Weeks after Zambian president openly rejected the United States ambassador’s pro-gay stance in a recent court judgment, the government has reportedly asked that the envoy leaves the Southern African country whiles it awaits diplomatic response from the United States.
The rift between Zambia and Ambassador Daniel Foote was ignited when the latter said he was “horrified” by the 15-year jail term handed to a gay couple. He went on to publicly criticize the government and defend his pro-gay stance.
But Zambia’s Foreign Minister in a strongly worded statement asked the ambassador to refer to ongoings in Washington where president Trump was pushing pro-family and anti-LGBTI policies.
At a church event over the weekend, President Edgar Lungu made reference to a diplomatic démarche between the two countries. Lusaka had written to Washington concerning the ambassador’s comments.
A December 15, 2019 statement from the presidency read in part: “State House will like to clarify that the president was not referring to any new démarche but the same one issued by Foreign Affairs.
“Therefore the Zambian government is still waiting for a response from the United States government concerning the complaint.”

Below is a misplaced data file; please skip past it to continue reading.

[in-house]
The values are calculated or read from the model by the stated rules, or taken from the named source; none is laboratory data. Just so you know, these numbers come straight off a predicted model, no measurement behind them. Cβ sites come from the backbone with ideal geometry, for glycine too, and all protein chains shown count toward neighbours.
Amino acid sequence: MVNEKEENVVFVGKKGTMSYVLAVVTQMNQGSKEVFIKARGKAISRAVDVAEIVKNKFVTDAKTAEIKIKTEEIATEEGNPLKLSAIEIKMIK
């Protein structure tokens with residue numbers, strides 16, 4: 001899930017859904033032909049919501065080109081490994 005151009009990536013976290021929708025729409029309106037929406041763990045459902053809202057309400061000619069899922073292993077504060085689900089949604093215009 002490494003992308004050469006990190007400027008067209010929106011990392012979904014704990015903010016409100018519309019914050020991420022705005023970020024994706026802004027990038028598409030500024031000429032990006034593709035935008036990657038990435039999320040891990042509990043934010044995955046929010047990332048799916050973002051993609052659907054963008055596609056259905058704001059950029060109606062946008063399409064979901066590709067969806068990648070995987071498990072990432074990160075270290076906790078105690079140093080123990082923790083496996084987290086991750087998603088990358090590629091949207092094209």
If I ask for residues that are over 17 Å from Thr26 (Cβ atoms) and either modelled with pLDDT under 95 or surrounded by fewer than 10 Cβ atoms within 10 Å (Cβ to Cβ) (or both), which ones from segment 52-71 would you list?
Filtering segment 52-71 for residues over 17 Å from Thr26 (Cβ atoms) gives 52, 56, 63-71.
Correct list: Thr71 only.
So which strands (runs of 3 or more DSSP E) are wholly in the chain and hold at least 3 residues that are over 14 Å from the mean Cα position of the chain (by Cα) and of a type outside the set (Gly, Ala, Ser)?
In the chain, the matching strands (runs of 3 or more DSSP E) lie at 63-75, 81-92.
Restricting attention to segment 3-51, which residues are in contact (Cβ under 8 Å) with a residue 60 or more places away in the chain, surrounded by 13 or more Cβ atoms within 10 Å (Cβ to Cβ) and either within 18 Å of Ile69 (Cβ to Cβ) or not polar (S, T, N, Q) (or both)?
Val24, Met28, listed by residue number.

The President has stood by his nation’s strict anti-homosexuality laws stressing in an interview with Britain’s Sky News that homosexuality was “unbiblical and un-Christian,” going further to liken it to bestiality.
“We know that there could be people who are homosexual in Zambia. But we don’t want to promote it, because we frown upon it, the practice. Most of us say it’s wrong. It’s unbiblical, un-Christian and we don’t want it.
“Even animals don’t do it. Why should we be forced to do it because we want to be forced to do it because we want to be seen to be seen to be smart, to be seen to civilised and advanced and so on.
“If there are such countries which will allow bestiality, let them do it. But not here,” the president added.
Go to video
Vice President Harris takes a bold stance in defense of democracy with her visit to Tanzania
Summit for Democracy: Zambians attend virtual event
Kamala Harris Ghana trip ends, pledges $1B to advance women's economic participation
Scientists use DNA to uncover story of Charleston slaves
Harris visits Ghana's president, promises aid, investments
USA to hold a democracy summit days after China's International Forum on Democracy